Cowboys' Kellen Moore on fusing his scheme with Mike McCarthy's plan: 'We've barely touched the surface'
The two are already hard at work building Frankenstein
The changes within the Dallas Cowboys coaching ranks have been sweeping, to a degree that would make the nearest custodian jealous. With the decision to part ways with longtime head coach Jason Garrett -- now taking up residence as offensive coordinator for the rival New York Giants -- and to bring in Mike McCarthy, there was minuscule holdover in the ranks as the latter laid the foundation for his new regime in North Texas.
Kellen Moore is , ready to take on his second season as offensive coordinator for the Cowboys, and as a coordinator, period. The 31-year-old turned down an offer to become OC at the University of Washington in 2020 to stay put for what he calls an "awesome opportunity" in Dallas, driven by his excitement for what McCarthy and the new coaching pieces he's bringing into the fold can do for the offense. Moore will continue to call plays going forward, and while he is grateful to McCarthy for not stripping him of that duty, he also admits it was never a point of discussion.
That said, he's thankful McCarthy believes in him so vehemently.
"Certainly it's very appreciated," Moore told the media. "And certainly I know that at the end of the day this thing will be collaborative, and we'll work through it together and we'll find the best situation and the best outcome out of it."
In the end, he simply sees where the Cowboys are headed, and doesn't want to walk away from it. After all, despite some obvious growing pains here and there, Moore is the reason the offense went from 11th-worst in 2018 to No. 1 in 2019 -- flipping the switch in only one season and with no previous experience as a coordinator. For perspective, Moore went from entering training camp to compete with Dak Prescott for the role of backing up Tony Romo, to retiring and being named the team's quarterbacks coach, to being promoted to offensive coordinator and mostly excelling in that role all in the span of just four years.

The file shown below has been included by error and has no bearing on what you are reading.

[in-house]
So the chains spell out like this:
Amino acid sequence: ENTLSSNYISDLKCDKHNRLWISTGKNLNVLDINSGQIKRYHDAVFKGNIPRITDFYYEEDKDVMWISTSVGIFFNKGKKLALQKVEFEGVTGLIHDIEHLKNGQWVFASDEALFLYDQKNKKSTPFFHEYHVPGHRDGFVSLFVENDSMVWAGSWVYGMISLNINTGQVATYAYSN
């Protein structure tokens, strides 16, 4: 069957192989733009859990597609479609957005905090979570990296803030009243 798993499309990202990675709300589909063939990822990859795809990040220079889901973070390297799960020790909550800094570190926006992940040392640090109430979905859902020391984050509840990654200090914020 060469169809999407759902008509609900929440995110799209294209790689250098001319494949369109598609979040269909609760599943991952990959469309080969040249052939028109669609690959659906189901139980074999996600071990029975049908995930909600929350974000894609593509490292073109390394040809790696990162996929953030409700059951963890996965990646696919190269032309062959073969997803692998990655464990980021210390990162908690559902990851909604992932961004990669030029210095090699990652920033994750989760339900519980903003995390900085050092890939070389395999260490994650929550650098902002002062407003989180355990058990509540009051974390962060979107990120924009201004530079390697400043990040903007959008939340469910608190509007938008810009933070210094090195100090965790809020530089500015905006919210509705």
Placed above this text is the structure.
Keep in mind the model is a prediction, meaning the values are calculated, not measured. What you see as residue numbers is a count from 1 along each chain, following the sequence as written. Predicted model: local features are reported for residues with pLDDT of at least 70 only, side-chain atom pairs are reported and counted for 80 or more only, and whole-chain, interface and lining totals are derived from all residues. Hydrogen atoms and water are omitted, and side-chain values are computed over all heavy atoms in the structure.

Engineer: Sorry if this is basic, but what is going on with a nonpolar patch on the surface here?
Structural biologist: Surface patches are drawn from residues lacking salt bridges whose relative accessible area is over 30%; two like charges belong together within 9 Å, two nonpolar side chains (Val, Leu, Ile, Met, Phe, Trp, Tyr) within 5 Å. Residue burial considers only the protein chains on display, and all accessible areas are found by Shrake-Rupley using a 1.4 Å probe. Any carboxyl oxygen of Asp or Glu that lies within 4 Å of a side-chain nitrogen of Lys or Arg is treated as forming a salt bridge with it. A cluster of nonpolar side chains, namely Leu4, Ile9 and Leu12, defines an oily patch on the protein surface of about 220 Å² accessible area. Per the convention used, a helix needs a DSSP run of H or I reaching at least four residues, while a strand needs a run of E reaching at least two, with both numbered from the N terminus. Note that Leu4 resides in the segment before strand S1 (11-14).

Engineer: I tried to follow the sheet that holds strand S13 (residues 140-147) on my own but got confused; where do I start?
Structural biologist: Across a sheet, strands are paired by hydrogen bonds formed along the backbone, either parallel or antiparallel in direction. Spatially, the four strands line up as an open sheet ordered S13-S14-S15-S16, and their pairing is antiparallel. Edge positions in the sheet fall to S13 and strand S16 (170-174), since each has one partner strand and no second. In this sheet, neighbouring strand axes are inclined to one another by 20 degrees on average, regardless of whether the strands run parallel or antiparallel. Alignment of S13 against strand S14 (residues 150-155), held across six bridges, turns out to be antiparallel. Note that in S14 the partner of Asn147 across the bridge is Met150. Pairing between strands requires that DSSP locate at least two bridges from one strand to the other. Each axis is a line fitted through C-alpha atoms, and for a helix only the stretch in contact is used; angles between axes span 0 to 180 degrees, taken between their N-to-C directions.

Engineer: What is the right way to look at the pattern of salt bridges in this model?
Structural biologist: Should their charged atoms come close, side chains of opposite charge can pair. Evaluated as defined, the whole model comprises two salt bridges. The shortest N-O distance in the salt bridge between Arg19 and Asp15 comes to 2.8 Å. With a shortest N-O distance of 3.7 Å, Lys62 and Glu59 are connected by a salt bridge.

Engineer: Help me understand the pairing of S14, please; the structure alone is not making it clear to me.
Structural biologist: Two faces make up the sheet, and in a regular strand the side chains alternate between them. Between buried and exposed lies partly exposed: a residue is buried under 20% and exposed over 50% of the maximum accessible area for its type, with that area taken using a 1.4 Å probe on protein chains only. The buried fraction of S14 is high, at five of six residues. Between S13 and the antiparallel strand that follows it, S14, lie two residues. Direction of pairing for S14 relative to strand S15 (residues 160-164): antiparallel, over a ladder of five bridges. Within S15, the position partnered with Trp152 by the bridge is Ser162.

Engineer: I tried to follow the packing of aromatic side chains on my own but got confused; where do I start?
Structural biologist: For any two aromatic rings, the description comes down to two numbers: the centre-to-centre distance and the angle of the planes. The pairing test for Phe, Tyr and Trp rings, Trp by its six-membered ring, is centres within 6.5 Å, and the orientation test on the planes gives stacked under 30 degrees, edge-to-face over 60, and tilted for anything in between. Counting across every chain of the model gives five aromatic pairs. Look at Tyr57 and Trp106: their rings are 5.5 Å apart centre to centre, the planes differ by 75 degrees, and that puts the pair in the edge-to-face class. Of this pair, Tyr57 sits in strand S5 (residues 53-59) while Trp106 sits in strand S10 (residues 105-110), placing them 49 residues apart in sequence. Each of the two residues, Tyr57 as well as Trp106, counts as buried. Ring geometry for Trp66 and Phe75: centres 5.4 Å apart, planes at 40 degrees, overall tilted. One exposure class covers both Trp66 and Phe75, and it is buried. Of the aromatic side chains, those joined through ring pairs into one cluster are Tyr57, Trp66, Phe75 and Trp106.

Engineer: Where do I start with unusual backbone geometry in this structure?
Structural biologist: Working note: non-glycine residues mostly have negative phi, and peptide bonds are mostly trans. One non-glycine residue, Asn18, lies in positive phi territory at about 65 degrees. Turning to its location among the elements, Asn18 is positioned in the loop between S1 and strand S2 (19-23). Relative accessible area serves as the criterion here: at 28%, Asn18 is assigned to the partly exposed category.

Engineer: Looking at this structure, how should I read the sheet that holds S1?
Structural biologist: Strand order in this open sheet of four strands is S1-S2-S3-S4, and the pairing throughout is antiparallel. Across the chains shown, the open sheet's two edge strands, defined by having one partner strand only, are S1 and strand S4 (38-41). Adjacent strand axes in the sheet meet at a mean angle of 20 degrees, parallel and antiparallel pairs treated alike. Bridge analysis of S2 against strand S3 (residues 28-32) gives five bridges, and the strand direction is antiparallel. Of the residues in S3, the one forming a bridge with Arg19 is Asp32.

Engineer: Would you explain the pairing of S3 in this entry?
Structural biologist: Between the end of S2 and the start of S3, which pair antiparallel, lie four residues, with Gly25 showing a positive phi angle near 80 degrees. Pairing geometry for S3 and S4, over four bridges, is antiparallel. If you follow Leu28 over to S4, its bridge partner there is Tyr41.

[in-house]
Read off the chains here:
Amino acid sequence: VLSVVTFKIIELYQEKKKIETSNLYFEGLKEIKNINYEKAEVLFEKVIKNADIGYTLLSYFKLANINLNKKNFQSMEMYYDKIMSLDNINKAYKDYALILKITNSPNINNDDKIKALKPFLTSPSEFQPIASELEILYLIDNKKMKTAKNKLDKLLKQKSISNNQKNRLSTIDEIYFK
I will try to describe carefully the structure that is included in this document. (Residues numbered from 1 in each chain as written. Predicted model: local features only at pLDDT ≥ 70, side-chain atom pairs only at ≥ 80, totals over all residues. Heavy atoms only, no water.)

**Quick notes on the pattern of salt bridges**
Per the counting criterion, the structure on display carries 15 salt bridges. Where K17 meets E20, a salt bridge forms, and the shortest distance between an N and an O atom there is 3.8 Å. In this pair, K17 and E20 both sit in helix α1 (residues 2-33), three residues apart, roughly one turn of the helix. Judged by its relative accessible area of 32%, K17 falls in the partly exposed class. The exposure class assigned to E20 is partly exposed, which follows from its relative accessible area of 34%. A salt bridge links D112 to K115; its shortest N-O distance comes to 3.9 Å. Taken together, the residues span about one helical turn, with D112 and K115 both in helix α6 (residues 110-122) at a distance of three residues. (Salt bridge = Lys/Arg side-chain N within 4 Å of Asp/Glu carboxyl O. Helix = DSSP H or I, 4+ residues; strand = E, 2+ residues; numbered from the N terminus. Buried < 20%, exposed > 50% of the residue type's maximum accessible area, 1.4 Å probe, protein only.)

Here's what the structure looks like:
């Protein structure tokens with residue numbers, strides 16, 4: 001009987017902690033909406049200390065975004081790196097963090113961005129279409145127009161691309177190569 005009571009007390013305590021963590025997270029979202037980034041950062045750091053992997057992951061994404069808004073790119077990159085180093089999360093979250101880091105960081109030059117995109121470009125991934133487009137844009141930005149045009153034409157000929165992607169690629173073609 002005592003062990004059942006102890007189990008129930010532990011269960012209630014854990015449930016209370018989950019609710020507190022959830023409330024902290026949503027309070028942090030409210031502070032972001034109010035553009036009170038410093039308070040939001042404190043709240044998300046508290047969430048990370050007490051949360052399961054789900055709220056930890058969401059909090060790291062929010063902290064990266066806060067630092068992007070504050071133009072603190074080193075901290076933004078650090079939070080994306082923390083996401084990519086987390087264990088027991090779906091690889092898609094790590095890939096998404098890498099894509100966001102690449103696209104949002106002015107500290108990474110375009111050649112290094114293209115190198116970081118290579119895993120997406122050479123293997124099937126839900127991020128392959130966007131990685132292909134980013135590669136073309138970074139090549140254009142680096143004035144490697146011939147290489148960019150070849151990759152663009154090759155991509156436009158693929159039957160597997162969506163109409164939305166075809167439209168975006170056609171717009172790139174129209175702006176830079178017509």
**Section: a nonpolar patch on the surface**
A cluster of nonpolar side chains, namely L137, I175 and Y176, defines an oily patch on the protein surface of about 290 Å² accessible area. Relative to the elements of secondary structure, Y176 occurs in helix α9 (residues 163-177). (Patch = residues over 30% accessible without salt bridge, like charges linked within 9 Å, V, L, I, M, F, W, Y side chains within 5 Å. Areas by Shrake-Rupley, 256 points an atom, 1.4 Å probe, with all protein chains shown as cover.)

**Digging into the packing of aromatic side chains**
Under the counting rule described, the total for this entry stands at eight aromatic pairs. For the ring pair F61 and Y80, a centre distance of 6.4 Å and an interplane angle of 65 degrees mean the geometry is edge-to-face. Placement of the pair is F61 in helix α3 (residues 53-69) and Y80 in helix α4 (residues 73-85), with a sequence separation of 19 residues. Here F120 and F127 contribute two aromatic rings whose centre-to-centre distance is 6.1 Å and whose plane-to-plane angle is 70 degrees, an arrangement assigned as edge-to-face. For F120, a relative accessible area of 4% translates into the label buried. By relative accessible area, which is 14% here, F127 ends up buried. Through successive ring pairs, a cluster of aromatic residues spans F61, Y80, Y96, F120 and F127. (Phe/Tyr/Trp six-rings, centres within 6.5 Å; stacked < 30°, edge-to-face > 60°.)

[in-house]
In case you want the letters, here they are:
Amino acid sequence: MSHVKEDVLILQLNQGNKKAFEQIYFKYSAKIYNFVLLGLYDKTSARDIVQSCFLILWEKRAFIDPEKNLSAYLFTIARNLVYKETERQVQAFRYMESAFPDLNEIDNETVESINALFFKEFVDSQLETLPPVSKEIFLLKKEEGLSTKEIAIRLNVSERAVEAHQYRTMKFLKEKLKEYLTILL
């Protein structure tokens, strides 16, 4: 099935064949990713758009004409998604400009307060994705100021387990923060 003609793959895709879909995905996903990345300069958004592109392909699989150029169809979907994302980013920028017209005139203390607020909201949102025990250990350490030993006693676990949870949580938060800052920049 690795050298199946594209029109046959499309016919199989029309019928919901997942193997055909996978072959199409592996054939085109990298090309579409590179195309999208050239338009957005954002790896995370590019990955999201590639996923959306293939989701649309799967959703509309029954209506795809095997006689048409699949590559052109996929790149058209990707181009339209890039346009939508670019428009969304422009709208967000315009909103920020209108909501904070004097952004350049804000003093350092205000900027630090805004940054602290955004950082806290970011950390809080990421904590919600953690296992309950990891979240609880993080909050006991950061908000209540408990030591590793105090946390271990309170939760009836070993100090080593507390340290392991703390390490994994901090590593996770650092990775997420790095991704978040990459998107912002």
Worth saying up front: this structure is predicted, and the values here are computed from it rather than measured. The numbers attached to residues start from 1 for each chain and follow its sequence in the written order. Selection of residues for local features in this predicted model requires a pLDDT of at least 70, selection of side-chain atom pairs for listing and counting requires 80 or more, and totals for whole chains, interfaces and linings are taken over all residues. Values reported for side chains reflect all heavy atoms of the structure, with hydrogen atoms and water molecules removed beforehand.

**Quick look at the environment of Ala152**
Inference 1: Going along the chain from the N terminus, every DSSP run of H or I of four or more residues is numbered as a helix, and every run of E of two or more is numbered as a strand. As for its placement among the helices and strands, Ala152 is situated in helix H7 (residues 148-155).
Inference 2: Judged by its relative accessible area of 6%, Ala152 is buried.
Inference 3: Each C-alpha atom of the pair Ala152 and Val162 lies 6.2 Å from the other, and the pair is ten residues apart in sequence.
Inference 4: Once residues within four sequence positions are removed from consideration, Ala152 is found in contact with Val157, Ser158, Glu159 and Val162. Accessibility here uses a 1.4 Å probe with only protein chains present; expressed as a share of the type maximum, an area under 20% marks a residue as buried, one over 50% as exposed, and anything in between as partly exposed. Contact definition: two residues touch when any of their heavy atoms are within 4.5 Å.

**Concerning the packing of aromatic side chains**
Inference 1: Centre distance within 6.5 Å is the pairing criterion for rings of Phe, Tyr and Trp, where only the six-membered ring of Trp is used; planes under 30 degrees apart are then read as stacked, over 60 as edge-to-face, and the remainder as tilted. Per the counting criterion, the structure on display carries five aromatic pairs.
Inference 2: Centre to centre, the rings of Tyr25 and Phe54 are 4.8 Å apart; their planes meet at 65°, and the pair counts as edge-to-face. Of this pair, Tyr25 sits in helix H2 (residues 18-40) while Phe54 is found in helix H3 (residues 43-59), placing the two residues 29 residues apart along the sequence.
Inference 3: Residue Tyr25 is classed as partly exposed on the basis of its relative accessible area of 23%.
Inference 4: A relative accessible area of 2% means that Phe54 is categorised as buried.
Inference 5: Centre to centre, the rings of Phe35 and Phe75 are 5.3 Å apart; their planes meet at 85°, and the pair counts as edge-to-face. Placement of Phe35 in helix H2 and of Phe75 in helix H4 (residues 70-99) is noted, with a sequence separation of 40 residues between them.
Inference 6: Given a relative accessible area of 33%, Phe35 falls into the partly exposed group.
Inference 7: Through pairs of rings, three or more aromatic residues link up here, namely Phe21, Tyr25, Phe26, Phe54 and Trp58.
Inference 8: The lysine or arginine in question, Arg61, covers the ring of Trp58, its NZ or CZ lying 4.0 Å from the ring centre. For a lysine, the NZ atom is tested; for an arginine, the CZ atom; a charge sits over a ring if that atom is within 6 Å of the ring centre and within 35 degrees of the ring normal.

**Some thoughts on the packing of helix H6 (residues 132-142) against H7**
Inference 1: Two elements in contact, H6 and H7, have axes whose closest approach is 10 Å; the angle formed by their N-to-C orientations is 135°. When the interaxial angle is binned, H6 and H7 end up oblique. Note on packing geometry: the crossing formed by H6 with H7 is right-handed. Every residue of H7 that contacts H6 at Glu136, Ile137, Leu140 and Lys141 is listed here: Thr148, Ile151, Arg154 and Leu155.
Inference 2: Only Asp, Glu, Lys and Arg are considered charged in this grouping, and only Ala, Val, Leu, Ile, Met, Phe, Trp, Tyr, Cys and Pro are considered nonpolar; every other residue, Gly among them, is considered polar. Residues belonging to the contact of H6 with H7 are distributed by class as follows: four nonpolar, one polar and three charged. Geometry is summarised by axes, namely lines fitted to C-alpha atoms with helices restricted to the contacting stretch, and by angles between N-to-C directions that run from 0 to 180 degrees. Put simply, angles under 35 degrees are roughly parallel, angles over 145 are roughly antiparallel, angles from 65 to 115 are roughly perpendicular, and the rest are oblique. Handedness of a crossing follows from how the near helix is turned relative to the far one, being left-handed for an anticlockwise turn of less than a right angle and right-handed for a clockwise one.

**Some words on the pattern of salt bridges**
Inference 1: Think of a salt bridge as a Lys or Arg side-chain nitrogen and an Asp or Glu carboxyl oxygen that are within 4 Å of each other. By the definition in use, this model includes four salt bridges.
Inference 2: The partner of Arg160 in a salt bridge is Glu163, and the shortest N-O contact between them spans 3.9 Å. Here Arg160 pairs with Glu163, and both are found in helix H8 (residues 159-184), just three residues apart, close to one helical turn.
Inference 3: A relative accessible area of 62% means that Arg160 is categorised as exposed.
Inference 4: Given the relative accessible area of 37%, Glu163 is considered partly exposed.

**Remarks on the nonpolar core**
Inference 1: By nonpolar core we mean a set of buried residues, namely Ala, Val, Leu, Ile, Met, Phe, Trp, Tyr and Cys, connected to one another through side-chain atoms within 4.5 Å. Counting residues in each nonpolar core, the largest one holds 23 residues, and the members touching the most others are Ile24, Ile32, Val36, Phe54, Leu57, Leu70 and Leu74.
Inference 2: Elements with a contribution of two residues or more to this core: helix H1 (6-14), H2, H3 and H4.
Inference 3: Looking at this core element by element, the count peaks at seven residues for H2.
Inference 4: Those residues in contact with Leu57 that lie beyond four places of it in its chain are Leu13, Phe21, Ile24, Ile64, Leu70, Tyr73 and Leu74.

That's an arc that would make Joan jealous (google it).
With an experienced and proven offensive mind in McCarthy overseeing things going forward, the two have already began a mind-meld that will inject more of a West Coast offense into the Cowboys scheme, and Moore is raring to go.
"We've barely touched the surface," Moore said. "We're in January still and so we're starting to recognize some things, touching on, OK, where was 2019 and then where is a lot of the things that Mike is familiar with. And then let's build this thing into the 2020 offense. ...Obviously we've got the ability to mold it however we want.
"That's the fun part of it. We don't need to rush into that -- take advantage of all the different coaches that are in our staff, guys coming from a lot of different backgrounds, and let's try and use all that. I think we've got to take our time, as much time as we have to go through that process and make sure everything connects and we have a why to everything."
One of the biggest successes of Moore's offense was establishing a prolific passing attack that saw Prescott put up career numbers across the board in 2019, but at times it veered too far left, abandoning running back Ezekiel Elliott in games when he shouldn't have been. With those lessons now learned and McCarthy in the building to teach him many more, Year 2 should be an intriguing one for Moore and the Cowboys offense. A reworked playbook that retains Moore's language -- which is key in helping Prescott transition -- combines with the decision to keep Doug Nussmeier in the building, albeit having moved him from tight ends coach to quarterbacks coach.
There will be areas of the offense that look the same, but others that are wildly different from years past under Garrett, and it all begins by being balanced, but not predictably so as new plays, sets and pre-snap motions are introduced.
"You want to attack people different ways, the importance of making sure the run game and the actions that go off of it, that those all complement and they're tied together," Moore said. "I think that's the biggest thing."
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